NCPA - National Center for Policy Analysis

The Pension Benefit Guaranty Corporation: Who Will Guarantee This Guarantor?

July 16, 2012

Defined-benefit pension plans are very difficult to finance successfully -- that is why so many of them, both private and public, are deeply underfunded. It is also why they are a disappearing financial species, as numerous corporations including General Motors move away from them, says Alex J. Pollock is a resident fellow at the American Enterprise Institute.

Unfortunately, these chronically underfunded plans are being left at the door of taxpayers. The Pension Benefit Guaranty Corporation (PBGC) was created to be a self-financing guarantor of corporations' pension plans, paying out in the case that companies could not. Unfortunately, the self-financing requirement does not look to be panning out.

  • The PBGC insures two separate programs, Single-Employer and Multi-Employer, which are currently running $23 billion and $3 billion deficits, respectively, for a total of $26 billion.
  • Further, these losses are only expected to increase, as many of the defined-benefit plans currently under the supervision of the PBGC are woefully close to insolvency.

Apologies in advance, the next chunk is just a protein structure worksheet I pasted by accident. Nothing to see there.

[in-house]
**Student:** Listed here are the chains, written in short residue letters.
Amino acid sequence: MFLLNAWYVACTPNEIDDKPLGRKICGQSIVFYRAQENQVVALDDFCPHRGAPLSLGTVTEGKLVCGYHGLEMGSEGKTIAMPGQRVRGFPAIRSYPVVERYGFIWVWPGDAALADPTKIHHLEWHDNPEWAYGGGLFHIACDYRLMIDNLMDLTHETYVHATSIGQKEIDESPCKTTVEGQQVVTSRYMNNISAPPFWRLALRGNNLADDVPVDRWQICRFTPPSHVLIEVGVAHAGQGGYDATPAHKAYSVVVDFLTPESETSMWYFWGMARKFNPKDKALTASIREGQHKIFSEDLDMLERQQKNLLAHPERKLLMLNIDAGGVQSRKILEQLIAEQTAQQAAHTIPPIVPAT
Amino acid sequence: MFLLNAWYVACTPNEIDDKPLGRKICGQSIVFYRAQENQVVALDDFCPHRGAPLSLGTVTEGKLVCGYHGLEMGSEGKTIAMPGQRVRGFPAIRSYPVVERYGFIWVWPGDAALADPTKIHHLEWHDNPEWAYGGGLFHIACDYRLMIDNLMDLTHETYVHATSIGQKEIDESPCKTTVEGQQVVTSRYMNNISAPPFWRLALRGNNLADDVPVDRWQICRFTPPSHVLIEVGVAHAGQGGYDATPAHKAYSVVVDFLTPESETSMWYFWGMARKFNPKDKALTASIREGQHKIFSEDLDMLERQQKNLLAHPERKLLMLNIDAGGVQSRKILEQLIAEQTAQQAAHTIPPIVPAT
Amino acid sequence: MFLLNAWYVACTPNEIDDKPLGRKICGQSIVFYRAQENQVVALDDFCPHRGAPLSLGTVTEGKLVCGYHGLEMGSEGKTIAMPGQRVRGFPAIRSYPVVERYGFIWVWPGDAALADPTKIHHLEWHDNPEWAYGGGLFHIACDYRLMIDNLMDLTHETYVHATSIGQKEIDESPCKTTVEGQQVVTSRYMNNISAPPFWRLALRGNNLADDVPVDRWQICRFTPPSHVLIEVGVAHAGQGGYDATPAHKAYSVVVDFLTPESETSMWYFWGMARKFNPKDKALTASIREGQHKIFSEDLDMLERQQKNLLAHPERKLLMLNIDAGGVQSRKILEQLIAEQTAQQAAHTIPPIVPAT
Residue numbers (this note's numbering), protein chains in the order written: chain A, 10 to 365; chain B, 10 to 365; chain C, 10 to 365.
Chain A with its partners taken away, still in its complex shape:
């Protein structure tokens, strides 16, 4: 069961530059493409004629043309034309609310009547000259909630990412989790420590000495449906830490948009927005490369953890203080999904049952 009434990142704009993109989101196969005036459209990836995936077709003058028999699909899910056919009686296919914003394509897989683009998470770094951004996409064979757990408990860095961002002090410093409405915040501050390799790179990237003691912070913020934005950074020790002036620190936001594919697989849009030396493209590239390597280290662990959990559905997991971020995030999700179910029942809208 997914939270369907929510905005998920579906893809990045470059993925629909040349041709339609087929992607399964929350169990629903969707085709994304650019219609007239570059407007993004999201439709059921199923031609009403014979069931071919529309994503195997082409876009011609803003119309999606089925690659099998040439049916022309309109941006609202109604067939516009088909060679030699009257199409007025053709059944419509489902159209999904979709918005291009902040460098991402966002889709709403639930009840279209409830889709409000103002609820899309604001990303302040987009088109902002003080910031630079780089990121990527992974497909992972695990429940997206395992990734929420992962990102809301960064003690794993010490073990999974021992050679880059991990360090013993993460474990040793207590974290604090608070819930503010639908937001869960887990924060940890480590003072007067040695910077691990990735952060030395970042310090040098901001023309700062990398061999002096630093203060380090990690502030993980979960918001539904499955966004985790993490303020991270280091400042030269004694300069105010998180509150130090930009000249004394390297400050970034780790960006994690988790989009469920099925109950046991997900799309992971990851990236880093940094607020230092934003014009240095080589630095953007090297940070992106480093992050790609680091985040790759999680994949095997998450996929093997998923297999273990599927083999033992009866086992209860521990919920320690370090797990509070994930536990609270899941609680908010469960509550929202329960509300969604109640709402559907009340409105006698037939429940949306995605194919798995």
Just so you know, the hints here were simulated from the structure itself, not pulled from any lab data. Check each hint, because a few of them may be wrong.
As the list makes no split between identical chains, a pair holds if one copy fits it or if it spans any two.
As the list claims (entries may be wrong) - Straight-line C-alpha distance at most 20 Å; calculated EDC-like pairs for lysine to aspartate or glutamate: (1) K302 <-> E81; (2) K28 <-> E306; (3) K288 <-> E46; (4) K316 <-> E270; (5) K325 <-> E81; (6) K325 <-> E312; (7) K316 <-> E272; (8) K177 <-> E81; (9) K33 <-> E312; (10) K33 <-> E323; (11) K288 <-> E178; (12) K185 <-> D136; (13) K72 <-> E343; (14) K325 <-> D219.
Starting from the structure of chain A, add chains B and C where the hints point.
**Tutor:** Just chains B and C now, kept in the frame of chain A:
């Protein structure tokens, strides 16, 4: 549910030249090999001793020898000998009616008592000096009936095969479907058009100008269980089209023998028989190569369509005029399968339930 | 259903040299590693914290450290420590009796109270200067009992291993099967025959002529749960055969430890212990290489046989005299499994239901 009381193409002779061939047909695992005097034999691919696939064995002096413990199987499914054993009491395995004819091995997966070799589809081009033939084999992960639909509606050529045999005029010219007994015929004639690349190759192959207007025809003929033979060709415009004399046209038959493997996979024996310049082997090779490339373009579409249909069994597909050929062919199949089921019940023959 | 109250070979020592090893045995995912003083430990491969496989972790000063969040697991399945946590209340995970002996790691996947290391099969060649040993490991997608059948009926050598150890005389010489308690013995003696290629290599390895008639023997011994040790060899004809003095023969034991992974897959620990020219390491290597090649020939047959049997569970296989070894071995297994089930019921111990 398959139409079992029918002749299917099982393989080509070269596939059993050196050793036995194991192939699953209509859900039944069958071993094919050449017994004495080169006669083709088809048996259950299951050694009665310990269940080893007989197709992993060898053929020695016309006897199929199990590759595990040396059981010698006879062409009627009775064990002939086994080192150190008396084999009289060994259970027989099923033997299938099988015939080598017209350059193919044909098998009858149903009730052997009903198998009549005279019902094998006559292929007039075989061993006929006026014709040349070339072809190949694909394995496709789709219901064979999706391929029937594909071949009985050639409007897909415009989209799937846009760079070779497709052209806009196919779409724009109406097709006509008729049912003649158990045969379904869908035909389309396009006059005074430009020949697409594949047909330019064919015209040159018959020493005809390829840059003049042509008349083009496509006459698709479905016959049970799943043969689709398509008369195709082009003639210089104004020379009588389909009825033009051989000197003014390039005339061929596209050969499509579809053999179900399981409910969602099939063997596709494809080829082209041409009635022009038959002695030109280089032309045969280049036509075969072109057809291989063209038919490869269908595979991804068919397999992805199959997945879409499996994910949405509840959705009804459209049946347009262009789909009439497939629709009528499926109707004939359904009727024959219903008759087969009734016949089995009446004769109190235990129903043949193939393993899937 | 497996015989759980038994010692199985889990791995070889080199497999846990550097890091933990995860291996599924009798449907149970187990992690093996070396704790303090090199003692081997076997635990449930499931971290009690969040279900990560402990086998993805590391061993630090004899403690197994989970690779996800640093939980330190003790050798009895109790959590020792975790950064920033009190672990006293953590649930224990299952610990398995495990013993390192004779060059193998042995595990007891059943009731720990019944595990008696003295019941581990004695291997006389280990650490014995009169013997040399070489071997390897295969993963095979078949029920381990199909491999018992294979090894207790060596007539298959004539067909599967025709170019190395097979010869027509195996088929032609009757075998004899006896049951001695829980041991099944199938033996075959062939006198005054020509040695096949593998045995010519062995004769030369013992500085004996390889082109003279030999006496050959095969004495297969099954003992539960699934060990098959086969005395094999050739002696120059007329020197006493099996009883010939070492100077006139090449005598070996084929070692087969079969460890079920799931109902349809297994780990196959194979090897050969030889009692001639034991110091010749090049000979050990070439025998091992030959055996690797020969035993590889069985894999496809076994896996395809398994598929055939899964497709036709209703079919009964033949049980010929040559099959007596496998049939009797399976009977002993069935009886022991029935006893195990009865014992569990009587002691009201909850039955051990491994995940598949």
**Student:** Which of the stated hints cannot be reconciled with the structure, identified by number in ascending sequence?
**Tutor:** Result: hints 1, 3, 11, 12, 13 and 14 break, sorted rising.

• According to a recent estimate by Credit Suisse, multiemployer plans nationwide have liabilities $369 billion greater than assets.
  • The figure for single-employer plans ($357 billion according to the actuarial firm Milliman) is comparable.

These losses would not be the concern of taxpayers if the PBGC operated according to its mandate, which requires that the entity be capable of covering its own losses. However, the debt of government-created institutions all-too-often finds itself to be a vital taxpayer interest that necessitates saving.

  • The PBGC remarked in its latest annual report that its founding act "provides that the U.S. government is not liable for any obligation or liability incurred by PBGC."
  • This, unfortunately, is remarkably similar to Fannie Mae's statement, one month before it failed in 2008, that "the U.S. government does not guarantee, directly or indirectly, our securities or other obligations."
  • That latter case has resulted in the federal government shipping some $116 billion in the direction Fannie Mae

This begs the question, how much will the PBGC require the taxpayers to put up to cover its irresponsible lending practices?

Source: Alex J. Pollock, "The Pension Benefit Guaranty Corporation: Who Will Guarantee This Guarantor?" The American, June 25, 2012.

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